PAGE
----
There have been peeks inside Ms. Lee’s world. Journalists have made the pilgrimage to Monroeville, Ala., where she has hidden in plain sight all these decades...I simply wish it were a good book...It doesn’t so much spill the beans about Ms. Lee as infantilize her.
Morris...earned Luce’s trust and access to more than 460,000 items in the restricted Luce Collection at the Library of Congress. Blonde, beautiful and glamorous...he took many lovers, with a special preference for men in uniform...Morris perceptively reveals the nightmare in this evenhanded and intimate portrait.
...take readers into the world of Soviet intelligentsia and shadowy Cold War politics...overall, a triumphant reminder that truth is sometimes gloriously stranger than fiction.
Birmingham is a bit of an overstater, and occasionally he gets his facts wrong, but these are minor flaws. “The Most Dangerous Book” is an engaging, fast-paced read about a time when literature mattered deeply.
In another writer-director’s hands, this might seem gauche, but Waters loves and is fascinated by his own celebrity, and he wears it well.
A sharply observed coming-of-age memoir about an aspiring writer’s entry-level job at a fading literary agency...Though Rakoff earned acclaim for her debut novel (A Fortunate Age, 2009), her memoir is more engaging, particularly for its mastery of tone.
That Clinton keeps her cards close to her chest can be read as proof positive of a presidential run in her future. Maybe after that, she can finally give us the goods.
The author’s detractors will likely find fault, but this is a fitting cap to a sui generis career, equally satisfying in short installments or read straight through.
Impassioned, insightful snapshots of life in pre–Velvet Revolution Czechoslovakia....All of these congruous pieces create a patchwork tapestry of Central European history...A controversial, insightful work from Poland’s 2013 journalist of the year.
...his narrative is focused on not eating what the rest of the crew is eating, not sleeping where others sleep...he waits in his cabin alone, wondering what the hell is going on. Dyer might as well be on a cruise ship, and he knows it.
A low-key, respectful life of a decent American officer whose quietly significant work helped lead to the Oslo Accords.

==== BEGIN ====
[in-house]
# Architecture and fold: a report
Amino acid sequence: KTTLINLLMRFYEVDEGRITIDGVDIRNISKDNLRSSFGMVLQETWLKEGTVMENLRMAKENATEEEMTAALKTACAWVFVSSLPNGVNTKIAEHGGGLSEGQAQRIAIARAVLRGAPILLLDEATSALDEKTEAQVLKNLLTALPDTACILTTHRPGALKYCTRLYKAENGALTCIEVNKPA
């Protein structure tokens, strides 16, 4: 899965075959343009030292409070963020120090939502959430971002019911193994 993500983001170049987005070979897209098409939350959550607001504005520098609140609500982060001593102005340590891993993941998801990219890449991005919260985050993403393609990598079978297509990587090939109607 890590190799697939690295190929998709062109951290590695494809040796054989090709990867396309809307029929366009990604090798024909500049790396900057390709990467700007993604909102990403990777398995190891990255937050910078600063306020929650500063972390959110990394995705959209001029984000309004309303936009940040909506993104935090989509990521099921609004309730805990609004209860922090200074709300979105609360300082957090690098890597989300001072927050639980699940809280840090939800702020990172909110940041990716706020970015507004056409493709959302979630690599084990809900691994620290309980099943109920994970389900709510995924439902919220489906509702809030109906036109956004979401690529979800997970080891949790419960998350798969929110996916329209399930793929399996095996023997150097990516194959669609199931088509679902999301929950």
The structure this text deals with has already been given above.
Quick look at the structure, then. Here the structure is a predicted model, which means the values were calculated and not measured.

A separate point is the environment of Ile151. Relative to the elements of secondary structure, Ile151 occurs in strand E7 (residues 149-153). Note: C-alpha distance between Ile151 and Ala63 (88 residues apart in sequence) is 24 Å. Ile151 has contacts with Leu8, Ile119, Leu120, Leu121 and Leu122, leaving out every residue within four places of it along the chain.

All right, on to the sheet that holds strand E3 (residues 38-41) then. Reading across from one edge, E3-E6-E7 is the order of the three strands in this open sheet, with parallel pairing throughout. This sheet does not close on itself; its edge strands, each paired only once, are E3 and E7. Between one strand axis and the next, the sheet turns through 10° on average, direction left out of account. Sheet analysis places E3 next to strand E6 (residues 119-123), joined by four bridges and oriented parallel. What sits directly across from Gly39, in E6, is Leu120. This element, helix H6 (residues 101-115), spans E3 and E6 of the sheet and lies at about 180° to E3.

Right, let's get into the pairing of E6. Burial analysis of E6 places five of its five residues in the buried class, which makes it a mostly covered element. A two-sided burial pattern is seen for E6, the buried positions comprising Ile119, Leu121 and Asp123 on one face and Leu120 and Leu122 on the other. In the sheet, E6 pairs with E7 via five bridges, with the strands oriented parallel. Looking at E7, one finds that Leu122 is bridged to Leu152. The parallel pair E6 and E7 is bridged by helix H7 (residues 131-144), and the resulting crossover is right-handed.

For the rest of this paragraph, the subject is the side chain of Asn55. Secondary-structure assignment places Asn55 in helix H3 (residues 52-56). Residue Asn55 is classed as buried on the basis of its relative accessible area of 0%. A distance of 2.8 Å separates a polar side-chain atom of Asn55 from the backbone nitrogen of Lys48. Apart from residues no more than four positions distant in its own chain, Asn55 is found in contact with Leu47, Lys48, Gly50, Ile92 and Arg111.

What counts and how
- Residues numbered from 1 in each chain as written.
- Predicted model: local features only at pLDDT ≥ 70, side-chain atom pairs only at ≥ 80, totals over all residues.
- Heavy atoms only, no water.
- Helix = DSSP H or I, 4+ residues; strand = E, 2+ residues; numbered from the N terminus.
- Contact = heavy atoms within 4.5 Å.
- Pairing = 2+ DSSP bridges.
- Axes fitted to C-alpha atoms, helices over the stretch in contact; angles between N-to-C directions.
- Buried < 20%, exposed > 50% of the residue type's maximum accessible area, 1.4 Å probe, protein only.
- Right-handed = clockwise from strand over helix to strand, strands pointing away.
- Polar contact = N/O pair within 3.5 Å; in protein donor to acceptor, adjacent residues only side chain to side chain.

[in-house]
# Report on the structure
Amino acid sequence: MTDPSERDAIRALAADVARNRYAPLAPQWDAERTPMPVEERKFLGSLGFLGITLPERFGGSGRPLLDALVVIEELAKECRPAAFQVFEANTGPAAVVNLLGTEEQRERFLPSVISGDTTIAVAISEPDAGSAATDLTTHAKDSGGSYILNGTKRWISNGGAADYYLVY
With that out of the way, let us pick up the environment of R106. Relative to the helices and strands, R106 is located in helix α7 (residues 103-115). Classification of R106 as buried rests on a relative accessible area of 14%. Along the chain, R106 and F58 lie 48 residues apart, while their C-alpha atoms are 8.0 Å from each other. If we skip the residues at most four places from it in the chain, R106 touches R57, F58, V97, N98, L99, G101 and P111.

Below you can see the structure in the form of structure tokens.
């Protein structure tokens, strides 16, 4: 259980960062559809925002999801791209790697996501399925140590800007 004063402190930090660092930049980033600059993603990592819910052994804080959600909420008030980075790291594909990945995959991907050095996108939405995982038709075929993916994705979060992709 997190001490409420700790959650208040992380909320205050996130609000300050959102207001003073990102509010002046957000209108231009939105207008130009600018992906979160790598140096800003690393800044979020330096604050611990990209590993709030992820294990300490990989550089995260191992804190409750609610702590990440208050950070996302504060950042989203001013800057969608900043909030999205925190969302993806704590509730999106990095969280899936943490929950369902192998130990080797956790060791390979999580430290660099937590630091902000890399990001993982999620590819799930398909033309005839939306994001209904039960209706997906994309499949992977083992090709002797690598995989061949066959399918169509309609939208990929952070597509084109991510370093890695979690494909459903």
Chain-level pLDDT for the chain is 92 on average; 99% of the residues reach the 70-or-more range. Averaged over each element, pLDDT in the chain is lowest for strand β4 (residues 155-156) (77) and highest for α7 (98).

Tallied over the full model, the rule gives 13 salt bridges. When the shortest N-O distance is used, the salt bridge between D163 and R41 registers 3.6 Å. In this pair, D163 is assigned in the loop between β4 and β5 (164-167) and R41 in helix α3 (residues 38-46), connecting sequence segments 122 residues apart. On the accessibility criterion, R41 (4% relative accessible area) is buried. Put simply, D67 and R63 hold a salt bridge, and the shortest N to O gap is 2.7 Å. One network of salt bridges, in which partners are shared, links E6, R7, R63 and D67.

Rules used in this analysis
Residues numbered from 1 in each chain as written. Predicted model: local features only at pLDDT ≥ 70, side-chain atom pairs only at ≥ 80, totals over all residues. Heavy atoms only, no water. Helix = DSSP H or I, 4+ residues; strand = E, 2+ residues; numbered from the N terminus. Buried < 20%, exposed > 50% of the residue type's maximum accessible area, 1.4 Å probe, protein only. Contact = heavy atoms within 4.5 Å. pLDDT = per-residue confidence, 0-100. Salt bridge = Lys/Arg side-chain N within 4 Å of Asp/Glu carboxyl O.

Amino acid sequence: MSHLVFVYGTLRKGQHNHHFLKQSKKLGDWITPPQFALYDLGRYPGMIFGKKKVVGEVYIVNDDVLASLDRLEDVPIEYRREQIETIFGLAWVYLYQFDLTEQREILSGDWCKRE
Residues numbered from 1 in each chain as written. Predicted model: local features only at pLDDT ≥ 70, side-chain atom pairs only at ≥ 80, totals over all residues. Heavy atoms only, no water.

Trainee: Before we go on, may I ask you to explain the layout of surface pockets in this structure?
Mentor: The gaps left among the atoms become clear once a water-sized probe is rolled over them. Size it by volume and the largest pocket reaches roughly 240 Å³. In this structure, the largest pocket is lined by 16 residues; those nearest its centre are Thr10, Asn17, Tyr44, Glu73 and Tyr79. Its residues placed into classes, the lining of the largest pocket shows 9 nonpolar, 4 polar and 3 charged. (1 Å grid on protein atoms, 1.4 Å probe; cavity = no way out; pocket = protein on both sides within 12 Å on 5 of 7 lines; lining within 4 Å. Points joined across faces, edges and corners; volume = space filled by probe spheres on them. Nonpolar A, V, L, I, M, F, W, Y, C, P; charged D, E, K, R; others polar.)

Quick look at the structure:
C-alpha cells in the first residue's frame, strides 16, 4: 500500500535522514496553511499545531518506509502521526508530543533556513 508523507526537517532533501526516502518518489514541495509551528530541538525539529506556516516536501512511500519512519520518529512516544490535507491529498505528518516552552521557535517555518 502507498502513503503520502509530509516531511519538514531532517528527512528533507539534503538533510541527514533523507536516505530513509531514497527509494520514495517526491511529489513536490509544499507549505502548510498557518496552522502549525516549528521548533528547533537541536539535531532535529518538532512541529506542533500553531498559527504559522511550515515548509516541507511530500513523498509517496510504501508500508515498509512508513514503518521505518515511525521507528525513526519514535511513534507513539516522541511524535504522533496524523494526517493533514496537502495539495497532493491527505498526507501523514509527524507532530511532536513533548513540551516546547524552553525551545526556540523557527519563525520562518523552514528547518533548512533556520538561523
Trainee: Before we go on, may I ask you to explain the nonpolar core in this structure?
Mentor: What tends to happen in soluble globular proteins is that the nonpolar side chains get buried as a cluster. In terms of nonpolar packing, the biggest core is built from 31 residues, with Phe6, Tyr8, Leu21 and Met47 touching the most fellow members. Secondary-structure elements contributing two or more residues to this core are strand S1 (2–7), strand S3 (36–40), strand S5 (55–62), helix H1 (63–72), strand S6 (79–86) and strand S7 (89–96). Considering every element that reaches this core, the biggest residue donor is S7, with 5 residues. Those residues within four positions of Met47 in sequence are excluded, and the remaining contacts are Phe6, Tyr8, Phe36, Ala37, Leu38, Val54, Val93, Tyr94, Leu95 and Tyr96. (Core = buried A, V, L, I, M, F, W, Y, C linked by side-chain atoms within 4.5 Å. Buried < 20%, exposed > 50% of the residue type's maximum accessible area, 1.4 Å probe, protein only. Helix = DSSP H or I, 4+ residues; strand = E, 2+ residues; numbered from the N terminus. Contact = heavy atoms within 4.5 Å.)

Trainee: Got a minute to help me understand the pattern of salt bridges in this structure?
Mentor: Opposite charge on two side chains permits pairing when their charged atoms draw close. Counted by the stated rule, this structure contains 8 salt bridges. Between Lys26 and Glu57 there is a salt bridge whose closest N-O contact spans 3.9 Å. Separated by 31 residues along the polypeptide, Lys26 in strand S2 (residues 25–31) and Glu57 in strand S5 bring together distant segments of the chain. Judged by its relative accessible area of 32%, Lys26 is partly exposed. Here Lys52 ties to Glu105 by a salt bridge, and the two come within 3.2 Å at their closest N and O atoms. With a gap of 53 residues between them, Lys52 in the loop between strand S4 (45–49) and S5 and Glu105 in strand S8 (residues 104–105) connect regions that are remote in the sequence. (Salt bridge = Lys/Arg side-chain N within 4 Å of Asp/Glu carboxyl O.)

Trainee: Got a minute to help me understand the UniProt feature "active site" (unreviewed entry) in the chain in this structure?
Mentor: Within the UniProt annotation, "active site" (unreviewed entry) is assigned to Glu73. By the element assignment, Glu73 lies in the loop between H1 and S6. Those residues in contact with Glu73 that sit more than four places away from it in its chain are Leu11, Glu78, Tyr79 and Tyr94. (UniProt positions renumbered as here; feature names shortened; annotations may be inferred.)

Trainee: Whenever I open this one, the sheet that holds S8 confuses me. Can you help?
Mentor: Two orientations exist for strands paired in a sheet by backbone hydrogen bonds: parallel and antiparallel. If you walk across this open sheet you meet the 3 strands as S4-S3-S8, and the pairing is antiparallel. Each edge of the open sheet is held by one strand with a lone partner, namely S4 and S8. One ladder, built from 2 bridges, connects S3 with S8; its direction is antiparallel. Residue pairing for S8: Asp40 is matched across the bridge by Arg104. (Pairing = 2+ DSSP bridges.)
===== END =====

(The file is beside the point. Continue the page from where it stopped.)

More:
He says that the financial rescue programs enacted in the crisis years were a success because the alternative—which no one can ever know—would have been far worse. What we do know is that, six years later, the economy is suffering through a historically weak recovery and the emergency programs haven't ended.
A nascent Dylanologist himself, Kinney writes with a certain authority about these “pilgrims” who wander happily “down the rabbit hole” in search of...
"Age of Ambition" is a splendid and entertaining picture of 21st-century China, painted by a young American who moves with ease around the country rather like one of Mao Zedong's proverbial fishes. With a sharp eye and a keen nose, Mr. Osnos...introduces us to the people living in a country undergoing "a transformation...
The real pleasures of “The Noble Hustle” come in the throwaway observations. ...Mr Whitehead may not have gone home in the money, but he has a way with upstanding sentences.
In Ms. Cheney he has a suitably conscientious biographer whose effort to take the full measure of the man is commendable. Hers is an ambitious undertaking, and her enthusiasm for her subject is everywhere apparent, though at times it leads her to move from topic to topic...
This isn’t a happy story...but in the hands of this gifted artist — one of the best cartoonist/writers anywhere — the story is made deeply personal, more so by Chast’s superb drawings and hand-lettered text, which give it the feeling of a journal or diary
We are always drawn back to the sea that links us with our ancestors, across time and space. This is a magnificent book.
The story in the book of Mr. Greenwald's contacts and conversations with Mr. Snowden and others may very well be true; I have no basis to question it. And Mr. Greenwald's political arguments are, of course, open to debate. But his portrait of the nature and goals of the NSA programs is simply false.
“AB” is reliably amusing, of course...And Stibbe herself is Bennett-like in her deadpan, ruthlessly honest observations. Properly heartwarming.